Monday, July 28, 2008

In Case You Were Wondering What Sorts of Things I Write For Money ...

...and even if you weren't, it's a busy day at the office, so the best I can do is recycle my own work. Love and kisses! I promise I'll have new content soon.

Très Sheikh
An island oasis aims to bring VIPs to the UAE.
Published in BlackBook, August 2008

Brace yourselves—the Louvre and the Guggenheim are moving to Abu Dhabi. We had to trade them for oil. Kidding! Well, about the second part. But a Frank Gehry-designed Guggenheim and a Jean Nouvel-helmed Louvre will soon be cultural hot spots on Saayidat Island, a 10.4 square mile “island of happiness” (both literal translation and marketing slogan) less than half a mile from Abu Dhabi’s shores. The island, which has up to now been totally undeveloped, will over the next 15 years become a luxury community complete with residences, hotels and resorts, museums, restaurants and shops, a performing arts center, and even an NYU campus. While its main purpose is to boost tourism to the UAE, developers expect a year-round population of 150,000.

The official website has the feel of a videogame introduction (“Great explorers passed through these desert lands in search of a dream … they discovered the property of life …”) and the renderings resemble a mystical Sim City (the Performing Arts Centre, designed by Zaha Hadid and Patrick Schumacher, juts out over the sea like a futuristic amoeba), but Saadiyat promises to be a very real destination that bridges global cultures (case in point: France doesn’t give up the Louvre to just anyone). It’s not exactly secluded—two 10-lane freeways will connect the island to the mainland—but it is an easier trip than it seems, a mere 15 miles from the Abu Dhabi International airport. And you have plenty of time to pack: the first phases of development are scheduled for completion by 2012.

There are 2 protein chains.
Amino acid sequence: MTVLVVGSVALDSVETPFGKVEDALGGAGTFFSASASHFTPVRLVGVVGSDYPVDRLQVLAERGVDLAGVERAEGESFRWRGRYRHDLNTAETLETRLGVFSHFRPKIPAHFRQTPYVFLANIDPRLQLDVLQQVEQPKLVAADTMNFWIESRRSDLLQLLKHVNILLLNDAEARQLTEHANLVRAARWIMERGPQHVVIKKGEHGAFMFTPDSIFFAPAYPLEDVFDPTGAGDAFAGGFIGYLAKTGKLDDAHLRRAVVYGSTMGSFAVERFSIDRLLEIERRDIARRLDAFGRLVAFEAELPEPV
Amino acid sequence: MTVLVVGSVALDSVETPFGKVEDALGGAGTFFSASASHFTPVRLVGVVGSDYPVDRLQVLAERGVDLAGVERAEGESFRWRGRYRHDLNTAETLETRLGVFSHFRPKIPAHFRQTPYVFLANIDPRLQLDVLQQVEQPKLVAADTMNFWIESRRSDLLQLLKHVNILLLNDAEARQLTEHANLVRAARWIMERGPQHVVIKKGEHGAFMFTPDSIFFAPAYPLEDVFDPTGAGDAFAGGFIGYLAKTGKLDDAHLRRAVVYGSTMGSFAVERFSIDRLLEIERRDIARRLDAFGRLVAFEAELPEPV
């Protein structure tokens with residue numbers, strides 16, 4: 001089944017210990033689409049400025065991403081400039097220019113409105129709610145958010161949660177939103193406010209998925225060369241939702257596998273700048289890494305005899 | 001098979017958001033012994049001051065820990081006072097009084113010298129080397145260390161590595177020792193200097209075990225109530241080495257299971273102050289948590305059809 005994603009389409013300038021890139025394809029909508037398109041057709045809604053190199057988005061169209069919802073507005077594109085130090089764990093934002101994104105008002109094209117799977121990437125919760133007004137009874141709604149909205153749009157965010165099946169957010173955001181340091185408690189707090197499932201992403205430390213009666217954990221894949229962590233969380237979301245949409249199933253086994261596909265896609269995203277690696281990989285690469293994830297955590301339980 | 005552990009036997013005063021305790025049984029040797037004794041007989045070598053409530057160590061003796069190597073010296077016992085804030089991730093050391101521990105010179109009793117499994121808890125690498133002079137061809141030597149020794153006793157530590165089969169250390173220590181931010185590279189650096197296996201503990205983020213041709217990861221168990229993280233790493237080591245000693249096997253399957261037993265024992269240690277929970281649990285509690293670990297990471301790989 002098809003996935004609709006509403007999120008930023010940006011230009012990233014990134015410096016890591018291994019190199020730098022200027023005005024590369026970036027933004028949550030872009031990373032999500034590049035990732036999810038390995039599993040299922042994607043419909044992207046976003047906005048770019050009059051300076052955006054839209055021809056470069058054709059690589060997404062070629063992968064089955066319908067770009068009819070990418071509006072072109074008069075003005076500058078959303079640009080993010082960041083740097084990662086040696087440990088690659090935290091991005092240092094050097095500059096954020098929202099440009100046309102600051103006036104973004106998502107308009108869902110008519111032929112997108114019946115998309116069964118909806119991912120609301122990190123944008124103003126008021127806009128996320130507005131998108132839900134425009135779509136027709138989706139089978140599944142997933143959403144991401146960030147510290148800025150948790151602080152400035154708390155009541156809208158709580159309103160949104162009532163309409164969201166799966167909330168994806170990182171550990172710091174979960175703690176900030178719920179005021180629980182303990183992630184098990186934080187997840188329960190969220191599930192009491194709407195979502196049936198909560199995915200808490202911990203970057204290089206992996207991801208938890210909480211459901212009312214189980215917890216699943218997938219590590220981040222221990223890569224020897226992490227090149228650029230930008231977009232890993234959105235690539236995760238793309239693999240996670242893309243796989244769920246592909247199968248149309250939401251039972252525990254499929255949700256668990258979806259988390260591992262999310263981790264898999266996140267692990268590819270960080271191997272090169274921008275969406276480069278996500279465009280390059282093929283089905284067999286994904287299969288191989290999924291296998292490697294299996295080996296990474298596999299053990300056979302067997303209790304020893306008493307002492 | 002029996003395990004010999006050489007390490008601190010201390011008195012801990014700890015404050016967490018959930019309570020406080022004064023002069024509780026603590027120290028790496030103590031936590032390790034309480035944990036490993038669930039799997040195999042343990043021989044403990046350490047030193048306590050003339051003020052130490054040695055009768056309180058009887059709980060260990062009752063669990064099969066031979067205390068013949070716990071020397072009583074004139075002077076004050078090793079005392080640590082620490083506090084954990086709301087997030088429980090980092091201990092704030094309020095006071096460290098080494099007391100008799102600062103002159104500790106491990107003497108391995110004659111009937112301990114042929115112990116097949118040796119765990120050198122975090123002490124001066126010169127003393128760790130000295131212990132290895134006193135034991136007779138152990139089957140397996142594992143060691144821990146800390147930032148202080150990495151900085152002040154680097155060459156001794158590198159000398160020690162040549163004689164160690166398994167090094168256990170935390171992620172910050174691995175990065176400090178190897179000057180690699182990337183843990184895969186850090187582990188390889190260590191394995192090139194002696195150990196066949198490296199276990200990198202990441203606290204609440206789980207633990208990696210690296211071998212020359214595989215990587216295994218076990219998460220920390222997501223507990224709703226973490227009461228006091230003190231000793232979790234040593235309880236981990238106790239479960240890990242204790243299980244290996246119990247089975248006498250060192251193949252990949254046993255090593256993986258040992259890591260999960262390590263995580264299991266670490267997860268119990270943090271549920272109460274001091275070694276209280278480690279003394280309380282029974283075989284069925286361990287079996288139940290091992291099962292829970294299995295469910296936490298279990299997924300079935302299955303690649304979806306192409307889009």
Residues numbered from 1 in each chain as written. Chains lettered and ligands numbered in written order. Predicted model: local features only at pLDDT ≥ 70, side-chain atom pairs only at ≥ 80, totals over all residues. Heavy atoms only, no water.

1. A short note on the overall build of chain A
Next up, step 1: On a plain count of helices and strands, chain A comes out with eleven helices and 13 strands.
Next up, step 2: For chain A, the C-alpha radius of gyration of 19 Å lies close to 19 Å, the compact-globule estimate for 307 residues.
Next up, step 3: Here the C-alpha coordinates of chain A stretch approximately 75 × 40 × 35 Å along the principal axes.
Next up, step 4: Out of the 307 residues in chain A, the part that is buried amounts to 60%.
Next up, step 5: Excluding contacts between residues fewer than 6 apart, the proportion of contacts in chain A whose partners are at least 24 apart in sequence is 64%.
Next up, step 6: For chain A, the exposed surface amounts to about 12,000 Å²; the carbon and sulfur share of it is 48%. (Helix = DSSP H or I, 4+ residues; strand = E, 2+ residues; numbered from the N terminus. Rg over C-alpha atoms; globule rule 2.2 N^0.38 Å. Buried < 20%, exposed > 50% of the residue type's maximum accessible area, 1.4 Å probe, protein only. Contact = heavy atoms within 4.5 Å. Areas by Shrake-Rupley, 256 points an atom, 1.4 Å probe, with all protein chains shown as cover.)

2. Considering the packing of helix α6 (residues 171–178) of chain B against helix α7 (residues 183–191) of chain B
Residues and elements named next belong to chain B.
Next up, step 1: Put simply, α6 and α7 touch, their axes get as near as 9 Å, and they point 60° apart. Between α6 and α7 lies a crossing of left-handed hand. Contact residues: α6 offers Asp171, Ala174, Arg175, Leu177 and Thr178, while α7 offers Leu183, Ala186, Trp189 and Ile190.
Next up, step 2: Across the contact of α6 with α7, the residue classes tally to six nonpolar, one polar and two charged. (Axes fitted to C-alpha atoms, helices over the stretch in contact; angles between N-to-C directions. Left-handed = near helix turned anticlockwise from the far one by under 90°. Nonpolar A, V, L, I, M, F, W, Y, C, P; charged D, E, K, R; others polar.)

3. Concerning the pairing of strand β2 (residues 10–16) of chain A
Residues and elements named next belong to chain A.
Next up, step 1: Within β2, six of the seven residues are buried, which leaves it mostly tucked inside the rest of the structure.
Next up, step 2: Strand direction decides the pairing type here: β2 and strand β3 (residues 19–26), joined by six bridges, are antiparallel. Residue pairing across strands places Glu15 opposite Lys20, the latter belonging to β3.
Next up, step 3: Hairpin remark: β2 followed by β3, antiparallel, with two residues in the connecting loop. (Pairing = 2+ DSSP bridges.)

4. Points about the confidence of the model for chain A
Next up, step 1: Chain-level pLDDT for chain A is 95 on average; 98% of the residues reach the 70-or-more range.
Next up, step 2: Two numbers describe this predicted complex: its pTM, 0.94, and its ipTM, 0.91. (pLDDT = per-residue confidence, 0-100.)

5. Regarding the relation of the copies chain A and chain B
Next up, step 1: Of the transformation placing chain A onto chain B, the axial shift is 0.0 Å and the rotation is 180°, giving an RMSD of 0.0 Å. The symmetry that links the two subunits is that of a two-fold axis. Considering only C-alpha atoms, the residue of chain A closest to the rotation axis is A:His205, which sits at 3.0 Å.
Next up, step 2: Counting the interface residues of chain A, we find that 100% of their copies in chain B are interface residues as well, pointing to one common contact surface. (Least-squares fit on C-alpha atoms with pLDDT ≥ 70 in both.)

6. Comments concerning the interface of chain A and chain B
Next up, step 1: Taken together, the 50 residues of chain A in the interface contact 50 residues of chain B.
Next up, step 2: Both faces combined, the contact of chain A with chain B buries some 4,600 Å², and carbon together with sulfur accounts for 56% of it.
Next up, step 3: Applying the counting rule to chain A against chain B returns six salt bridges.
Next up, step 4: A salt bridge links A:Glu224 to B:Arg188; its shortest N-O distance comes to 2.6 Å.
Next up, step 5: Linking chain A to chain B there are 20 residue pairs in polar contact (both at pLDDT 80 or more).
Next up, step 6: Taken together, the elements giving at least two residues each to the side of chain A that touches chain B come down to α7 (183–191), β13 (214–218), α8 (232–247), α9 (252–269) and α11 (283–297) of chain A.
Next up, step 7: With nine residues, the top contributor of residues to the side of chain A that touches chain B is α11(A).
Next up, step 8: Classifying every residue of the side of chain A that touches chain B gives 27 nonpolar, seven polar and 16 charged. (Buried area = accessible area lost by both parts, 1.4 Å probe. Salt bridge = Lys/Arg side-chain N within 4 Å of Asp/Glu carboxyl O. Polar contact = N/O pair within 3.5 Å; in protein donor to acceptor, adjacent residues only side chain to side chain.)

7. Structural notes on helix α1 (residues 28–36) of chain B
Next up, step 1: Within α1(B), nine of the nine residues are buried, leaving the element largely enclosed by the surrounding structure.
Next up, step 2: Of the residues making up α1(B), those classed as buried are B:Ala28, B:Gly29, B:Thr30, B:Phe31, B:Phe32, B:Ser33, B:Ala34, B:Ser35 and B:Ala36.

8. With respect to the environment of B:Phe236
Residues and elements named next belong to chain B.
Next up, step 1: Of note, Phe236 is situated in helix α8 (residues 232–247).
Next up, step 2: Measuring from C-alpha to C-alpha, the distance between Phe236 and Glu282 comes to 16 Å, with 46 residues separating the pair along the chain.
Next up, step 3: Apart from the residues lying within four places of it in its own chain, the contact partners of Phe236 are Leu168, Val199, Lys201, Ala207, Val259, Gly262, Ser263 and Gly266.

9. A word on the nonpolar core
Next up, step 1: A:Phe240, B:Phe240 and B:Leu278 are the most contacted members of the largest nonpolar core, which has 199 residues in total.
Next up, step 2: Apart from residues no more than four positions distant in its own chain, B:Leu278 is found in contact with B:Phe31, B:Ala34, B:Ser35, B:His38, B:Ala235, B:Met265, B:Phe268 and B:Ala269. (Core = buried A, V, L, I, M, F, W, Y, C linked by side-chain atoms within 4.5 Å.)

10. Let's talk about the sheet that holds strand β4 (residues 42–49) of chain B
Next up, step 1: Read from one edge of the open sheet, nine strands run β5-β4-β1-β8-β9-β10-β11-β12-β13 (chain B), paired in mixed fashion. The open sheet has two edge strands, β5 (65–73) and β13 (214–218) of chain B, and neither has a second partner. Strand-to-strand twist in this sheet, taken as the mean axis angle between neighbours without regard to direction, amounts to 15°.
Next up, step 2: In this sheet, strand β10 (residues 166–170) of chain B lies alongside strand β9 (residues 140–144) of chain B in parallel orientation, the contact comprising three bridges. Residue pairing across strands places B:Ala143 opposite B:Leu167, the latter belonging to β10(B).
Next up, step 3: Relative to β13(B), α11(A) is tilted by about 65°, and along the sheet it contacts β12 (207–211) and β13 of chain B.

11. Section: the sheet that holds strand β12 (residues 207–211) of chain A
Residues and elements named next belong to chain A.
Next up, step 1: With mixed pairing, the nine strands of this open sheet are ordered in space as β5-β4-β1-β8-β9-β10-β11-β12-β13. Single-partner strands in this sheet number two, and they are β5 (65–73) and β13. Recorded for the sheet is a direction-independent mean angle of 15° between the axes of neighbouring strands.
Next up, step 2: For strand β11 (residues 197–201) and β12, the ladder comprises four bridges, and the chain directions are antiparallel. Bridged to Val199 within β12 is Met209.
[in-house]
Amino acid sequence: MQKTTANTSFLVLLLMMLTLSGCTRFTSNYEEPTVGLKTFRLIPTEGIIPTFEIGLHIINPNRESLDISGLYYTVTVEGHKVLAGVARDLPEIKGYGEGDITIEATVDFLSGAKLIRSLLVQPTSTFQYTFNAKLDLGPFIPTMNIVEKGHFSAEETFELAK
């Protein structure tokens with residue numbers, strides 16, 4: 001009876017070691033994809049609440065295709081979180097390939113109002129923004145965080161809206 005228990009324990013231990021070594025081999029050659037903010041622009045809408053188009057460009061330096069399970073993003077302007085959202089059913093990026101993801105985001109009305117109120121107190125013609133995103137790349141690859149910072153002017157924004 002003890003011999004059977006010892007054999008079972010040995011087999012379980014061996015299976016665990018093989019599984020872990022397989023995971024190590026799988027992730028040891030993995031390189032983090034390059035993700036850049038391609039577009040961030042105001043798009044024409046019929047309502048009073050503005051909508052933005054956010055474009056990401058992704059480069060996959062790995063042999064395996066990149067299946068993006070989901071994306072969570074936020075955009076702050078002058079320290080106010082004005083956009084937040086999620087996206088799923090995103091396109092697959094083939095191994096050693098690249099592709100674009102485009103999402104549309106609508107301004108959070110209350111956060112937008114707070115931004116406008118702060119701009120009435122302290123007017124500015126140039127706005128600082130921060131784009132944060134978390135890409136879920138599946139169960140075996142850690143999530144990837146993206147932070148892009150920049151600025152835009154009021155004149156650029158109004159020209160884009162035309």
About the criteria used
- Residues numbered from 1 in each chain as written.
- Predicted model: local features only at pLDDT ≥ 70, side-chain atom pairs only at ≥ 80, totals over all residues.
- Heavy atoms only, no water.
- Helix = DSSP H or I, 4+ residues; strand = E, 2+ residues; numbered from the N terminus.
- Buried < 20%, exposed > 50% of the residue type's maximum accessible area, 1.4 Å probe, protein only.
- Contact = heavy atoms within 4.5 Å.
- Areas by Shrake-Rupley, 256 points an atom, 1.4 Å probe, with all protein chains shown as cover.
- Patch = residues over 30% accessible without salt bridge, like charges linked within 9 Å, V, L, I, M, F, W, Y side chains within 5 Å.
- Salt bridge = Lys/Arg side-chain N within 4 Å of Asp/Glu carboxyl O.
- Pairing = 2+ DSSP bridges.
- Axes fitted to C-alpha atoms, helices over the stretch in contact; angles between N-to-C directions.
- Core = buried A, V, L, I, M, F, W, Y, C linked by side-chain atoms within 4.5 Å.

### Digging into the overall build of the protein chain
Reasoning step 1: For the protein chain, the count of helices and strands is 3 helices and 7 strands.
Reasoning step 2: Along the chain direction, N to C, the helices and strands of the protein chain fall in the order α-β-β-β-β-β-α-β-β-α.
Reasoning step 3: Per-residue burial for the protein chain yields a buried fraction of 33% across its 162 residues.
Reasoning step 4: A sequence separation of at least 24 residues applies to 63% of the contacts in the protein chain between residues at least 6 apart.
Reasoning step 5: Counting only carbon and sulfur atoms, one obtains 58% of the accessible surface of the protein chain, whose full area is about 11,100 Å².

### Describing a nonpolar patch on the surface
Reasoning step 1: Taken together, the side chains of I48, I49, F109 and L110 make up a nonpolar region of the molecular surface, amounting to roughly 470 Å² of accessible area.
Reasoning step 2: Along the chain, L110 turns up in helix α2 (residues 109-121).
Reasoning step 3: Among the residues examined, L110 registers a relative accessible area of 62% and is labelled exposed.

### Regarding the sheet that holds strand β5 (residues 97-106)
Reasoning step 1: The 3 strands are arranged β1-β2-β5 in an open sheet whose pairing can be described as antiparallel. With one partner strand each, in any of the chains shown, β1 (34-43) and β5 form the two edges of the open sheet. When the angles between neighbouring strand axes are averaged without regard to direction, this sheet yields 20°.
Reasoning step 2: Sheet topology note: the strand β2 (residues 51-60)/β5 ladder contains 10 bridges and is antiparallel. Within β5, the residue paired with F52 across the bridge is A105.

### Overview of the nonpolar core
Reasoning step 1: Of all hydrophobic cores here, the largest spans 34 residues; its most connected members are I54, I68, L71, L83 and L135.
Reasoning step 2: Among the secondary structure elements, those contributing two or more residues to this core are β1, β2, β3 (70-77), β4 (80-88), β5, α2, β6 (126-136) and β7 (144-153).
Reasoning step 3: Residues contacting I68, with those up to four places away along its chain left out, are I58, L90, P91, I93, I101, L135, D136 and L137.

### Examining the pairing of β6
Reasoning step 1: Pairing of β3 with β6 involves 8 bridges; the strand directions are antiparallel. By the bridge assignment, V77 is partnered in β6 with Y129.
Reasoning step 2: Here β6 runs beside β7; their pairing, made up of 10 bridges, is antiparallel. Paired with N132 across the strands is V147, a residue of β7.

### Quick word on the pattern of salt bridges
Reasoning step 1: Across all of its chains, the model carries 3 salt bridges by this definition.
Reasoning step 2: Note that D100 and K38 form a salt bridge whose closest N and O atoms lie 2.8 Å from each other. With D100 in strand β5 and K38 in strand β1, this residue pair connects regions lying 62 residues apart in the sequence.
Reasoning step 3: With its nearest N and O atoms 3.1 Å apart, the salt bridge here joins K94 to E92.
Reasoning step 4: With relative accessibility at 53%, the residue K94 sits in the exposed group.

Reining Ladies
The women of championship Polo.
Published in Bridgehampton Polo (yes, secretly I am a polo master! Kidding), Summer 2008.

Polo, much like golf, hunting, and the presidency of the United States, has long been considered an upper-class men’s sport, but you wouldn’t know it at the Southampton Hunt & Polo Club. The first New York club to have an all-woman league, Southampton has seen women coming out to play in ever-increasing numbers, and the rest of the country seems to be following suit.

As recently as a decade ago, female players were few and far between in the 2,000 year-old sport. “I didn’t really see any women at first,” says Ashley Schiff, one of the highest-ranking players in the Northeast and the only woman to ever compete at Bridgehampton Polo Club (in the Mercedes-Benz Polo Challenge, see sidebar). “Then, after college, I started playing in Florida. It was the first time I saw incredibly competitive female players, like Vicky Armour and Sunny Hale, women who were great athletes and great polo players.” Hale, one of the top female polo players in the United States and the first woman to achieve a four-goal ranking, played her first match in 1979 at the age of ten and went on to found the Women’s Championship Tournament Polo (WCT) in 2005. “The only challenge I faced as a woman was getting the opportunity to play on teams as a professional player,” she recalls. “This was not the norm when I started.”

Professional athletes like Hale and Schiff share a deep commitment to and love of the sport (“I think polo is the most exciting sport around,” says Schiff). But there are other factors drawing more and more novice women players to the field.